My day is usually a mix of various startup activities.
I’m a self-taught coder so I support our CTO with product development. I work with our CMO on prioritizing our leads and networking to find more potential customers.
In addition to that a day could bring meetings with potential investors, potential customer visits (nowadays co-working spaces), working on marketing / investor decks, catching up with entrepreneur friends from all over the world, and organizing workshops to understand how our users use our product.
What has been your proudest moment in the history of your business?
It was probably when we signed the contract for our first engagement.
It was also great when we became finalists of the INSEAD Venture Competition and won 5,000 EUR.
What was the lowest point for you in this business?
Well, it’s certainly a roller coaster so low points happen.
Usually those come up any time we hear a “no” from an investor or customer that we were confident would be interested in our company or the products.
There aren’t always lessons to be drawn from that – it’s about getting past the fact of rejection, understanding that one “yes” will cost a hundred “no’s”, and moving forward.
Who has influenced you most when it comes to how you approach your work?
It’s a bit grandiose to say that but I think it would be Steve Jobs.
I certainly don’t aspire to have his personal qualities (I’ve been told I’m a friendly person), but I am inspired by his ability to completely disregard the conventional.
To say that he knows much better what a customer wants, and just plough away through all the nay-sayers around him while executing a vision he knows will be successful.
I have much to learn from him in regards to execution and hustling, but I think anyone who knows me will agree that I don’t think conventionally and don’t have a particularly stable relation with the status quo.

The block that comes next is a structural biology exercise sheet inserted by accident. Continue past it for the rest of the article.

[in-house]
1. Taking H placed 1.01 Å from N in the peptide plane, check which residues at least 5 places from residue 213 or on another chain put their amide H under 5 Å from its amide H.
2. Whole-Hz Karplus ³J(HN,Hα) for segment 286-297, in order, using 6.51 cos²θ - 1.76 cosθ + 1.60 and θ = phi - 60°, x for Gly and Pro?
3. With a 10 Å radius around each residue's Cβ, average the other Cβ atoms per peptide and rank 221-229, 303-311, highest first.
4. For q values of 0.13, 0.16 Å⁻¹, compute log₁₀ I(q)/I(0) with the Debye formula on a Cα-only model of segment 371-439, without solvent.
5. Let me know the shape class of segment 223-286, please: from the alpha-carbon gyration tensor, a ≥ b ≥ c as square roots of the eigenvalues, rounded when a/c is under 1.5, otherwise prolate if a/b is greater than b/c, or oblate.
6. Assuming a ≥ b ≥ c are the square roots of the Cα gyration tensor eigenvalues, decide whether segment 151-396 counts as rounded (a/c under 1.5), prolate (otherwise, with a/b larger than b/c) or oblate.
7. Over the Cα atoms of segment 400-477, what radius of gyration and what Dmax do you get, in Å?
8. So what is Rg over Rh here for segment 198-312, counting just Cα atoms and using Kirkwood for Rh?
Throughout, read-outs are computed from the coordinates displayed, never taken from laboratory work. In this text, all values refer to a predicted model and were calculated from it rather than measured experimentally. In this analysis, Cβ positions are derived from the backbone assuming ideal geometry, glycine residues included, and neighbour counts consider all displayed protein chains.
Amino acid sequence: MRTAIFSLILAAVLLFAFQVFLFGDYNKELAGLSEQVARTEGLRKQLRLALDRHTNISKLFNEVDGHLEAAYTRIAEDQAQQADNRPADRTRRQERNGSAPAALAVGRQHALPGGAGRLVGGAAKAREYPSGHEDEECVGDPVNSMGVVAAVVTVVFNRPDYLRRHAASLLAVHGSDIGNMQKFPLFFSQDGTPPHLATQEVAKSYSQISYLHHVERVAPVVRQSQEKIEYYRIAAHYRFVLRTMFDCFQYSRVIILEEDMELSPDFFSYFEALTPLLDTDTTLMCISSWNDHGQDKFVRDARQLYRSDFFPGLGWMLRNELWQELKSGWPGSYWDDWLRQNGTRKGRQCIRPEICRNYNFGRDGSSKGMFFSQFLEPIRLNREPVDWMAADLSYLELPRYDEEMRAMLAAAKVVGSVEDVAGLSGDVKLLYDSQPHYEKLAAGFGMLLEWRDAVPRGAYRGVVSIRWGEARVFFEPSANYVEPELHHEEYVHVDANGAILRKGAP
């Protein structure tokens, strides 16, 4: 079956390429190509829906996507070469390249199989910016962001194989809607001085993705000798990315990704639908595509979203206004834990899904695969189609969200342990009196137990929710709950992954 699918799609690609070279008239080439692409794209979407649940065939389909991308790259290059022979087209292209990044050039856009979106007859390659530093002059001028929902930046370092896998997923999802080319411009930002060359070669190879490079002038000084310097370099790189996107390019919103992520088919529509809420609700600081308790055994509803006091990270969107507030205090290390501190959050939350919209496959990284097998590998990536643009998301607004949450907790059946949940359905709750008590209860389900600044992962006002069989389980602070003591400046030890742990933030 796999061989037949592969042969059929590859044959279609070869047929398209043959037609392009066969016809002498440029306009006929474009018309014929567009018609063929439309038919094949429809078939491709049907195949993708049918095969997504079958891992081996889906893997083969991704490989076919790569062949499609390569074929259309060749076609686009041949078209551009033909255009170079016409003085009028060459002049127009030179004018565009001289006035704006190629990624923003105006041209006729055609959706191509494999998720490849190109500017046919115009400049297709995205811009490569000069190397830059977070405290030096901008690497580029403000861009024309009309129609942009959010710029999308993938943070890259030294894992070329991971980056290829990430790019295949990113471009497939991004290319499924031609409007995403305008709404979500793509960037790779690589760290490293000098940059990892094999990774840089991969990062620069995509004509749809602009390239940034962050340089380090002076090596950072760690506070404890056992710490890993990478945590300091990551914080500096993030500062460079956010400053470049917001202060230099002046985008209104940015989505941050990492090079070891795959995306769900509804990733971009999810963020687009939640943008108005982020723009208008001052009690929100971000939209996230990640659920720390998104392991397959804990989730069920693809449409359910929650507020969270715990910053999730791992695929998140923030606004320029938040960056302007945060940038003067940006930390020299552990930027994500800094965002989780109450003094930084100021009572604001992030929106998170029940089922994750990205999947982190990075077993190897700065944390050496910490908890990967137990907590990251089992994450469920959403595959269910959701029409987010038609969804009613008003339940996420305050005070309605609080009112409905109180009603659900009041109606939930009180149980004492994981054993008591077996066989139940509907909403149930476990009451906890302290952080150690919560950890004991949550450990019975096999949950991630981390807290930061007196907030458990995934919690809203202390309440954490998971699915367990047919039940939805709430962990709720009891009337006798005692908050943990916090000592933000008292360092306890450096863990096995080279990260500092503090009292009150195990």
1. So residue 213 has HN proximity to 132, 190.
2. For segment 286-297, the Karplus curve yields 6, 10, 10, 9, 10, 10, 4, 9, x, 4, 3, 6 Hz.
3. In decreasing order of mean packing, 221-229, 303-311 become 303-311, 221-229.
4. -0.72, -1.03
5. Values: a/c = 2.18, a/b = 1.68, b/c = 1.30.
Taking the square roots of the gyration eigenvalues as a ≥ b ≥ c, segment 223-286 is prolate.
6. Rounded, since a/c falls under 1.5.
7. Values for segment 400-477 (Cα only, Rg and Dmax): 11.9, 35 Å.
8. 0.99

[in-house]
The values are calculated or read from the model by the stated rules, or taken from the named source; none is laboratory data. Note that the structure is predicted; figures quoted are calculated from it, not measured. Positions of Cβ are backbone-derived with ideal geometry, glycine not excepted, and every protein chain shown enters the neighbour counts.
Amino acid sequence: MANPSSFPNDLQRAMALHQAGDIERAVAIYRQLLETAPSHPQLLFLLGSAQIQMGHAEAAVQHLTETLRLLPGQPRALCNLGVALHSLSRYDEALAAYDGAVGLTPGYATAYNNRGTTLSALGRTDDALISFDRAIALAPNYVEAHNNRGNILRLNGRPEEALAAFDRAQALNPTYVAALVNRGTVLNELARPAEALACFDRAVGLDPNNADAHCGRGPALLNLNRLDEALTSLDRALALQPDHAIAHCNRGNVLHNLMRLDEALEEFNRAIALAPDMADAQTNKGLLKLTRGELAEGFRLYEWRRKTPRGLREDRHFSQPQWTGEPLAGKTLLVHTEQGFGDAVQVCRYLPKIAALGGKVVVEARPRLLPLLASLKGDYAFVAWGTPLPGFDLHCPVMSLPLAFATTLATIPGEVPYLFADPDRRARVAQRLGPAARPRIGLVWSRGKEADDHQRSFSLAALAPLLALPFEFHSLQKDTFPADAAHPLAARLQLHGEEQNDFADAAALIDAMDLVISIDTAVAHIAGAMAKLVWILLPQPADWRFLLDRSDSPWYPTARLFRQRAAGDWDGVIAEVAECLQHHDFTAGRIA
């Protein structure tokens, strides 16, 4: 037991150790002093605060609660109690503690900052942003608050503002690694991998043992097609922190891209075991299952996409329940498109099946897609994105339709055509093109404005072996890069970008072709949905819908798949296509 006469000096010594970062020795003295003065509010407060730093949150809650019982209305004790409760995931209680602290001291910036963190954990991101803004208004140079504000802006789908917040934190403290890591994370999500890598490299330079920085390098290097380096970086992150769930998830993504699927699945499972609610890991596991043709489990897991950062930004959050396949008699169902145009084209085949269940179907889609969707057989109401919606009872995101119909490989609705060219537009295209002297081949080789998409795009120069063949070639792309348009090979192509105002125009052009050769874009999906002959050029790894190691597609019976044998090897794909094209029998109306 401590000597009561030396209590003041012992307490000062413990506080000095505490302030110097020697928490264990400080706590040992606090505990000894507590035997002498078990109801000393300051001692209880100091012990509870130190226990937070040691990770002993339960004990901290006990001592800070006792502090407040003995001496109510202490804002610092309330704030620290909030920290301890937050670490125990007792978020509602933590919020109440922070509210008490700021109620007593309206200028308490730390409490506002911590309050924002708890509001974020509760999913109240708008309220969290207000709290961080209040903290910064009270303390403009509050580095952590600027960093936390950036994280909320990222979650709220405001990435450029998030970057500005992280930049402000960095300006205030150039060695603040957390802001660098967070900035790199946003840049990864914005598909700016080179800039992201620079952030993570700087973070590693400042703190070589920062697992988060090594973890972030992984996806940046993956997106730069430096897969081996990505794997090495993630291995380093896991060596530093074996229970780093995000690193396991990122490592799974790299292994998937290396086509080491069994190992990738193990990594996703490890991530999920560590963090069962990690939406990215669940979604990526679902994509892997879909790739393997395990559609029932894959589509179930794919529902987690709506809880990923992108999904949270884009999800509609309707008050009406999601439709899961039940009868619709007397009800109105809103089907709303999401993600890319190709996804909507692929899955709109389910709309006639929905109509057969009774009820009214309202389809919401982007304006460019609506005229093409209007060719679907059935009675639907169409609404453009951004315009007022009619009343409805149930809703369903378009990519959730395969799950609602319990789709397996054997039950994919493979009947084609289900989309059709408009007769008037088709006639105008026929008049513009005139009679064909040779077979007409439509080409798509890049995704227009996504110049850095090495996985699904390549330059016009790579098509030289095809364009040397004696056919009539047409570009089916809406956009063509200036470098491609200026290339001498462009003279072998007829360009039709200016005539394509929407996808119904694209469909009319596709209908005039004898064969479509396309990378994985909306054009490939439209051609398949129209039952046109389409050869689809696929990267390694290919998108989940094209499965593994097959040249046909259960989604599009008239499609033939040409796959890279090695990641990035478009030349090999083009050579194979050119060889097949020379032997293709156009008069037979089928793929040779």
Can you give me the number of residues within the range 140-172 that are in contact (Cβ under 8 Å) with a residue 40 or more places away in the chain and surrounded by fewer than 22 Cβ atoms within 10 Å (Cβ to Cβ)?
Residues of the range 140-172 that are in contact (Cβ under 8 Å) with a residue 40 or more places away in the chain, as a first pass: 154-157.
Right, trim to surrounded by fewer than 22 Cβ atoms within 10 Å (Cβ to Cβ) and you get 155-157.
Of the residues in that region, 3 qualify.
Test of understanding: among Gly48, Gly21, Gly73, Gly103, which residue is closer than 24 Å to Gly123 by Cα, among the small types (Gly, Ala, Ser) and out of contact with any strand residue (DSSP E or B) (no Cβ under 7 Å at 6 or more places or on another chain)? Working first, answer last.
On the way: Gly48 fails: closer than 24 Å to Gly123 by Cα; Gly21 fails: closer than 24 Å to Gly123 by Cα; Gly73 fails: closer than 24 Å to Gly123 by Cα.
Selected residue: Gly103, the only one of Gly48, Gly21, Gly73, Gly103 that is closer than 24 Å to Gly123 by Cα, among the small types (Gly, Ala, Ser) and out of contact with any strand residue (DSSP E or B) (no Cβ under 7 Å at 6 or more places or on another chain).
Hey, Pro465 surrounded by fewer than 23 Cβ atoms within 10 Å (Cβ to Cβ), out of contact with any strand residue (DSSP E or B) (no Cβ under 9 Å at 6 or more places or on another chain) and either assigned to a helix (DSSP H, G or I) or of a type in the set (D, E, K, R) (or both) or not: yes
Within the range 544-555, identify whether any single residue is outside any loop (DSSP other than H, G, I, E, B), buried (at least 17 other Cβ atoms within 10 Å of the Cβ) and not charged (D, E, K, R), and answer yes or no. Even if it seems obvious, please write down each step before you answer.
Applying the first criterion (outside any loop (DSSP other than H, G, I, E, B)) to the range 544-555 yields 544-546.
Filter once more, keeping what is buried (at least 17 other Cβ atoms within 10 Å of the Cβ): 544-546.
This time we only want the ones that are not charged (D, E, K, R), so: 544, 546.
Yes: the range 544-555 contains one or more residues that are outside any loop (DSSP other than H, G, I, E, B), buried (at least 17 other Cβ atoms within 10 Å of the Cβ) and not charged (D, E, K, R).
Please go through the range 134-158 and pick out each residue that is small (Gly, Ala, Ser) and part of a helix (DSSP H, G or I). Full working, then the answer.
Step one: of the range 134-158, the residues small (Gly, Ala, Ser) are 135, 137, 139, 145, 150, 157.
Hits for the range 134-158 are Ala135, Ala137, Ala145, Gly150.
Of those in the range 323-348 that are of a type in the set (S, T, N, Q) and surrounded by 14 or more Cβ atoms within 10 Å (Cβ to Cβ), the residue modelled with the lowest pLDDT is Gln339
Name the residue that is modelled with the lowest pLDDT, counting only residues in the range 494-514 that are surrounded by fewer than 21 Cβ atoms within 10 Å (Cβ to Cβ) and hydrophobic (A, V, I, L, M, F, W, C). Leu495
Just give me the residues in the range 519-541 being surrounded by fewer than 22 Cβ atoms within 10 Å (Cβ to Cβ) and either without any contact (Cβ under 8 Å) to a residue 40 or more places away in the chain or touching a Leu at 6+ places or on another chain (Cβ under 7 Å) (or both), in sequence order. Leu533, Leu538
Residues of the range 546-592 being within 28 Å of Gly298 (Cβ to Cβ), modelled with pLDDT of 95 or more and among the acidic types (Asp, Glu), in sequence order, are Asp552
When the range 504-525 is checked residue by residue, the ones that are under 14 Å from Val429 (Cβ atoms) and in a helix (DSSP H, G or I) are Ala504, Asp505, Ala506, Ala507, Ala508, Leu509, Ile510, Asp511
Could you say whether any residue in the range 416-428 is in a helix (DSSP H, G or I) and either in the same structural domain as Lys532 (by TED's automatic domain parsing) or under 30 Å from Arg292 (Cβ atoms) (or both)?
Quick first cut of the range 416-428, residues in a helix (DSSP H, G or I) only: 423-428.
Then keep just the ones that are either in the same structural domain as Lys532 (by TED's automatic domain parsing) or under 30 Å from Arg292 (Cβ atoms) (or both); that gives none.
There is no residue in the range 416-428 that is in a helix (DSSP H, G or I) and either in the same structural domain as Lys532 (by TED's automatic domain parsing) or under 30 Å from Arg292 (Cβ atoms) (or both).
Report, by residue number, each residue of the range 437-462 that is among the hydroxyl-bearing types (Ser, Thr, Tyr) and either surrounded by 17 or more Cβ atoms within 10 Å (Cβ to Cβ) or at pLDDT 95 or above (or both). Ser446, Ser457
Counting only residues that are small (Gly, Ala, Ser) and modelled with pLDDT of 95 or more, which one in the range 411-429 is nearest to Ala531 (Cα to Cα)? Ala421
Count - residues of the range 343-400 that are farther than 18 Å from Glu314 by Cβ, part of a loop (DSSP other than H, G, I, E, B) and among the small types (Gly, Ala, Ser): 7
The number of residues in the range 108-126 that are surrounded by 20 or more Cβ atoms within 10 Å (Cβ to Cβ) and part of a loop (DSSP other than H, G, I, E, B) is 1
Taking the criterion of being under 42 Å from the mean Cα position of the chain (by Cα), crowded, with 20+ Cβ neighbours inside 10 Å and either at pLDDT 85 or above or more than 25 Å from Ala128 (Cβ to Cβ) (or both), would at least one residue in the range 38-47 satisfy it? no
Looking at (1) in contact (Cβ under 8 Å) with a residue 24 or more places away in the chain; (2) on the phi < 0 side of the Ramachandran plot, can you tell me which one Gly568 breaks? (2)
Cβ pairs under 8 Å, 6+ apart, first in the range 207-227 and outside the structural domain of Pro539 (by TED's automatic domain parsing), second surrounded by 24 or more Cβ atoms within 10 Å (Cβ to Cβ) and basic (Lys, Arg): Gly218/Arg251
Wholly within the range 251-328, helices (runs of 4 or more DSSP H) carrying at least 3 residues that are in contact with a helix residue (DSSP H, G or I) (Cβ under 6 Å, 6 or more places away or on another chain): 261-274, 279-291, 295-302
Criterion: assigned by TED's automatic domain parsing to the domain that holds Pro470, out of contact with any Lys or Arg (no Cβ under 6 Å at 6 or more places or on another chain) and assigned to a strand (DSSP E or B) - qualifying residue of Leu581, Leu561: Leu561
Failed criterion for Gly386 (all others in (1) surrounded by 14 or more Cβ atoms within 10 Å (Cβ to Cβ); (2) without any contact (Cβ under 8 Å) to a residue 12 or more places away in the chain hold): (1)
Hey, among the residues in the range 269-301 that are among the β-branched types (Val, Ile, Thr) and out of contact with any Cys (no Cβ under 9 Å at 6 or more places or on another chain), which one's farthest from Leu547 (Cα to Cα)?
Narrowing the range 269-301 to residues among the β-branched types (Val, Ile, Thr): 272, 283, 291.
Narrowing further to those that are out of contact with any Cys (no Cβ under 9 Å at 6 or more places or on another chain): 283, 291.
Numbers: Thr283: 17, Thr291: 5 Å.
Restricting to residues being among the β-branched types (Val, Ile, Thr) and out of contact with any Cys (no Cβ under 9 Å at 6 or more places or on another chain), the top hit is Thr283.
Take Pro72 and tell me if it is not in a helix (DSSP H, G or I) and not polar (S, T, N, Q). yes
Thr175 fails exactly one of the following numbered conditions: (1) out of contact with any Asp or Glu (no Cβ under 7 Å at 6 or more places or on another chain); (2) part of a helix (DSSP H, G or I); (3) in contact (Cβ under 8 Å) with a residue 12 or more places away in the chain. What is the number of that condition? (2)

If you could go back in time to speak to your 20-year-old self, what would you tell him?
GET AN ENGINEERING DEGREE!
I think the best thing anyone can do nowadays in terms of education is getting an undergrad engineering degree – preferably with some specialization in computer science, artificial intelligence, machine learning, data mining, or software engineering.
Only after that should they get a business degree – an MBA teaches you almost as much as 4 years of undergrad business school, but there’s no solid equivalent of an engineering degree, other than three month-long coding bootcamps.
What’s the worst piece of advice you ever got?
Oh, honestly I get those all the time.
I think any advice that hinders on common knowledge and on typical practices will be flawed.
In terms of Cultavo I think we’ve been pushed from practically day 1 to get investors without really asking “wait, is that something we truly need?”
Before we realized that there are other ways of conducting business we already lost a lot of precious time chasing something that wouldn’t happen.
Investors won’t bother about you if you don’t have numbers (preferably revenue numbers!) to back your product’s performance.
All the stories about someone coming up with an idea and then getting it funded within two hours, while may be true, are just a drop in the ocean.
So I think in that area we unfortunately got carried away thinking it would be very easy.
What’s your business focus for this year?
Finding the right product-market fit and finding customers.
I think the latter will start happening once we truly figure out the fit.
What’s a productivity tip you swear by?
Building rest into your schedule is important.
An hour of work followed by an hour of rest and repeated 8 times throughout the day will be radically more productive than 16 hours of work straight.
Is there an app or tool you can’t live without?
I think at this stage it would be LinkedIn – can’t really imagine how we could be getting leads, be it for investors or customers, without LinkedIn.